During the last several months, Access Water has featured a series of blogs to highlight key findings from a McGraw-Hill Construction study of asset management practices of US and Canadian utilities. CH2M HILL’s sponsorship of the study is one way we are helping expand industry knowledge on 14 leading asset management practices understanding. Utilities and organizations can use this knowledge and incorporate best practices to increase the reliability of their plants, equipment and other infrastructure, while also generating additional revenue and substantial financial savings. This is the final post in the series.
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In the latest post in our Access Water asset management best practices series, CH2M HILL's Jim Oldach and Sam Paske discuss reliability centered maintenance (RCM) programs. Based on the research we conducted with McGraw-Hill Construction, we found more advanced practices, for example RCM, to be less widely adopted than other practices, even though—in the experience of many of our clients— application of these practices can increase the reliability of plants, equipment and other infrastructure, while generating substantial financial savings.
Condition assessments provide valuable information for estimating the risk that an asset will fail and the consequences if it does. In the latest of our series of posts about asset management best practices, Jeff Sanford discusses the benefits of detailed condition assessments, and how CH2M HILL is working with our clients to take the information from those assessments to create fact-based maintenance and capital improvement strategies.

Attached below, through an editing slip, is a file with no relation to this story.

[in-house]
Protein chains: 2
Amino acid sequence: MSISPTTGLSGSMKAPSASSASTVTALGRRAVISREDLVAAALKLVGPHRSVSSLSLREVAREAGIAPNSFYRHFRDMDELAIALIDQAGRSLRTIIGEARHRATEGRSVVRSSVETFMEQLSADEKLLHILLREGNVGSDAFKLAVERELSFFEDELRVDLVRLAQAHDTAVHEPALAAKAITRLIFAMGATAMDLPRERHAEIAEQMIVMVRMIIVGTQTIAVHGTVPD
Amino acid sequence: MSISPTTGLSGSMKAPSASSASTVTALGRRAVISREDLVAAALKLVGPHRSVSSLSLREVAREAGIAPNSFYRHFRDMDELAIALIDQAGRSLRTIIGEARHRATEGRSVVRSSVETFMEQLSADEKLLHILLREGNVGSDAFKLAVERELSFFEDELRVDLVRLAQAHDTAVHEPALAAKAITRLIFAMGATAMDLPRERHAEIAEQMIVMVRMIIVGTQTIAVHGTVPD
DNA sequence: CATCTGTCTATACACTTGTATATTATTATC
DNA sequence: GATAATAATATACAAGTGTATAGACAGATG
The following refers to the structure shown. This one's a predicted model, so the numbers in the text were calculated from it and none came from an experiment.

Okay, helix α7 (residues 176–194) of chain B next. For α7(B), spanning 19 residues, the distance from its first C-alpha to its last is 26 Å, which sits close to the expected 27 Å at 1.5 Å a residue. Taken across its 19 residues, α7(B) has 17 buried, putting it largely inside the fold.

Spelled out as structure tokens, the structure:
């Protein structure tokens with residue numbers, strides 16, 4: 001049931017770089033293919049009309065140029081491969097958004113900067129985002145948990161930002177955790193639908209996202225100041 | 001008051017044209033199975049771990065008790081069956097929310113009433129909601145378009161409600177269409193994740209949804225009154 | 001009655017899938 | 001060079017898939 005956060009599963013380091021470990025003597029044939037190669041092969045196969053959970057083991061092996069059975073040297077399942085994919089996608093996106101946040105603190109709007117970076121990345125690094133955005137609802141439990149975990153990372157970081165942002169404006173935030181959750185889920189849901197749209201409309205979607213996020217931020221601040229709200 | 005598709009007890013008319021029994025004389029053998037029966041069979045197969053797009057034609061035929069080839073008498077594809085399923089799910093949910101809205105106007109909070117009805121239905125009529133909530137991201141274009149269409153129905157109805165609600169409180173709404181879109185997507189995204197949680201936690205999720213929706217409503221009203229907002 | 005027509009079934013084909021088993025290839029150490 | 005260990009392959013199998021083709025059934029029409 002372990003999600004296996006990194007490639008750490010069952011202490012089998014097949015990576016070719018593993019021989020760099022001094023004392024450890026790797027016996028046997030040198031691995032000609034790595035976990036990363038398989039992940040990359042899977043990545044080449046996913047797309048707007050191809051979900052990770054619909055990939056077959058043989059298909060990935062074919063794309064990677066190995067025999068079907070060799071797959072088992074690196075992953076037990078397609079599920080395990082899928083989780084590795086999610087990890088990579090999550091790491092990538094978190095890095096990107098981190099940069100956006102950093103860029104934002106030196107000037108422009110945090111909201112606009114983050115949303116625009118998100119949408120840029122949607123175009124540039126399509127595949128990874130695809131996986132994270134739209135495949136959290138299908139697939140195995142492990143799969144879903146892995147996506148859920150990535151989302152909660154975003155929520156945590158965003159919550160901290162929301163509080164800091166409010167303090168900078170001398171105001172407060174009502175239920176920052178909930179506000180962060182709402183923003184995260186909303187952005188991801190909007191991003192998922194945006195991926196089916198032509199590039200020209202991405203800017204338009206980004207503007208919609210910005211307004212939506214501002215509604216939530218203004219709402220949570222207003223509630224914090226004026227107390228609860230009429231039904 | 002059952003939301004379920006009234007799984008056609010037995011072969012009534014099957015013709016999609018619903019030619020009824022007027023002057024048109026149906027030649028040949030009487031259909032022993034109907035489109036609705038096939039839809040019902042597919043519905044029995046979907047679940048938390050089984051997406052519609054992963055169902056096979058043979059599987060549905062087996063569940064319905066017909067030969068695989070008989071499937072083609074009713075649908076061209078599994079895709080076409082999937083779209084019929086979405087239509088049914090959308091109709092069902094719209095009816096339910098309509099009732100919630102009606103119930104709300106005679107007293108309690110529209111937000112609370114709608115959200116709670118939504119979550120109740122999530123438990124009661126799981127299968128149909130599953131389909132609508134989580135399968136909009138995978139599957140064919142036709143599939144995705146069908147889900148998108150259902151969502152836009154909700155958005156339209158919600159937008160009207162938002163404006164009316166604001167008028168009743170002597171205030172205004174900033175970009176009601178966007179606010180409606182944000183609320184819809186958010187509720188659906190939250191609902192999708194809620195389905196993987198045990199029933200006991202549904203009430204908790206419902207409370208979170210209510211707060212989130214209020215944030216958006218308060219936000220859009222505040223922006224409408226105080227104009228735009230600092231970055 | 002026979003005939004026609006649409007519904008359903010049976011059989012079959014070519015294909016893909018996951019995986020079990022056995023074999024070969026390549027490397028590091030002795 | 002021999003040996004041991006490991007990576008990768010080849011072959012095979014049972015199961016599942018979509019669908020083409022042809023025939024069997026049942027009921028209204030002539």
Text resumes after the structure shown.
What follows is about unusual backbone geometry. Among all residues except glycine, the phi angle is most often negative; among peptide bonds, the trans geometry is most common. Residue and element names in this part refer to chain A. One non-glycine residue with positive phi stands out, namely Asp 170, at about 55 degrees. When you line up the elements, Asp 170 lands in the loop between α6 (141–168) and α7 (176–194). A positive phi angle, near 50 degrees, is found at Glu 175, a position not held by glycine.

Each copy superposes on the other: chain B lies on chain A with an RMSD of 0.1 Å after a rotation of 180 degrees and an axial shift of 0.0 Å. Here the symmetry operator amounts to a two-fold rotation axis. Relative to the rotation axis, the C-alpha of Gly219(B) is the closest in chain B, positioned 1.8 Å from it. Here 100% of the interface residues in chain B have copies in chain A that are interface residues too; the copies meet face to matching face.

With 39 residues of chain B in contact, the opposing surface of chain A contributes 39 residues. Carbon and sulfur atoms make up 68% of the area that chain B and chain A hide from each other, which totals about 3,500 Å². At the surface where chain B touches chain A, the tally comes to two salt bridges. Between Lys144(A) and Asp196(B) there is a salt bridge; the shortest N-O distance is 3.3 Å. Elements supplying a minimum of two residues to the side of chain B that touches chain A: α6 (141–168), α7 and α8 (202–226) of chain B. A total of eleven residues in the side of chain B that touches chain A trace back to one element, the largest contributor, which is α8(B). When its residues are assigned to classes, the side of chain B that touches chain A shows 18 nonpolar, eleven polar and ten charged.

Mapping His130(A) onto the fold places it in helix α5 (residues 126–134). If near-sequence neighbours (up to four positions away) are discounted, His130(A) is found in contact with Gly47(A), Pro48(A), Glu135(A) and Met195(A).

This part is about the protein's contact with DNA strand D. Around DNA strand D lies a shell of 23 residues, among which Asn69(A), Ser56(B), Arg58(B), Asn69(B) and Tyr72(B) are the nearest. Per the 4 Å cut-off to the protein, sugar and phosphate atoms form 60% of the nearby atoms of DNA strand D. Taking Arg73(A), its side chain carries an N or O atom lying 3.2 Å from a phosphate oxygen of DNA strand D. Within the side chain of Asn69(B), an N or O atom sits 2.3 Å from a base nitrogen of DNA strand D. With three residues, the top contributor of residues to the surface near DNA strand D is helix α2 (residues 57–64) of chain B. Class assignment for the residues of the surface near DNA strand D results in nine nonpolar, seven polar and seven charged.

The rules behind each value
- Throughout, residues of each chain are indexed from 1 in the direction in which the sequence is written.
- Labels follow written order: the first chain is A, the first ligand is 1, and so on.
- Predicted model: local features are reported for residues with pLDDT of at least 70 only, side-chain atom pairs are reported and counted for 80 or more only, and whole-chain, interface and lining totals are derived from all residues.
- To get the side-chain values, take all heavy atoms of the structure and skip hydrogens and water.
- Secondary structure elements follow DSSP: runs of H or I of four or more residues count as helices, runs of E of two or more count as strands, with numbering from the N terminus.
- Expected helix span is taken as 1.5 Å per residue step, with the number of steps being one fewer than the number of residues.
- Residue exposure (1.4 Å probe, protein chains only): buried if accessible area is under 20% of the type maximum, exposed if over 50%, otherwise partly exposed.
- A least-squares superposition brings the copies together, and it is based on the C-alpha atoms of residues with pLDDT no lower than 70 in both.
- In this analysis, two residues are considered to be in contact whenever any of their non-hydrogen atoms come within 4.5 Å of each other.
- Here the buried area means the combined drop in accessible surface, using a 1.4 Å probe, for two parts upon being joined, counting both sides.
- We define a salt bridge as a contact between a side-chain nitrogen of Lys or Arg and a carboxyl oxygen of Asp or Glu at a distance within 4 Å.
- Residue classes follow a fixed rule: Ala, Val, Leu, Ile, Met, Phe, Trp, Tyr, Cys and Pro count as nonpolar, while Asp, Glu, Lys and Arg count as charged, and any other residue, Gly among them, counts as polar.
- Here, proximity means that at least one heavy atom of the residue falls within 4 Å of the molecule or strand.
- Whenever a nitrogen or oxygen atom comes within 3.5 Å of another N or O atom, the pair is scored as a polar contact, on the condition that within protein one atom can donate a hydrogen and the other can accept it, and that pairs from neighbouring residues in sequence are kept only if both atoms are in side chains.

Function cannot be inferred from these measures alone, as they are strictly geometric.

One key to successfully implementing asset management is creating buy-in among staff and stakeholders, referred to as “building the culture.” Implementation of an asset management program and processes often requires a major shift in an organization’s ways of doing business, which can create considerable discomfort and resistance. Because asset management stresses efficiency and minimizing life cycle costs, staff are often concerned that asset management threatens their jobs. Engineers, operators, and maintenance staff are often skeptical of the framework because application of good asset management strategies occasionally results in running some assets to failure. Many have been taught that asset reliability is the ultimate goal and should never be compromised. Another common reaction to the implementation of an asset management program is that it’s “just another flavor of the day”, and will come and go. All of these reactions are natural, but make implementation of an asset management program a challenge. Developing strategies to address these concerns, educate staff about the benefits of asset management to them, and getting them actively involved in implementation is critical to building a successful program.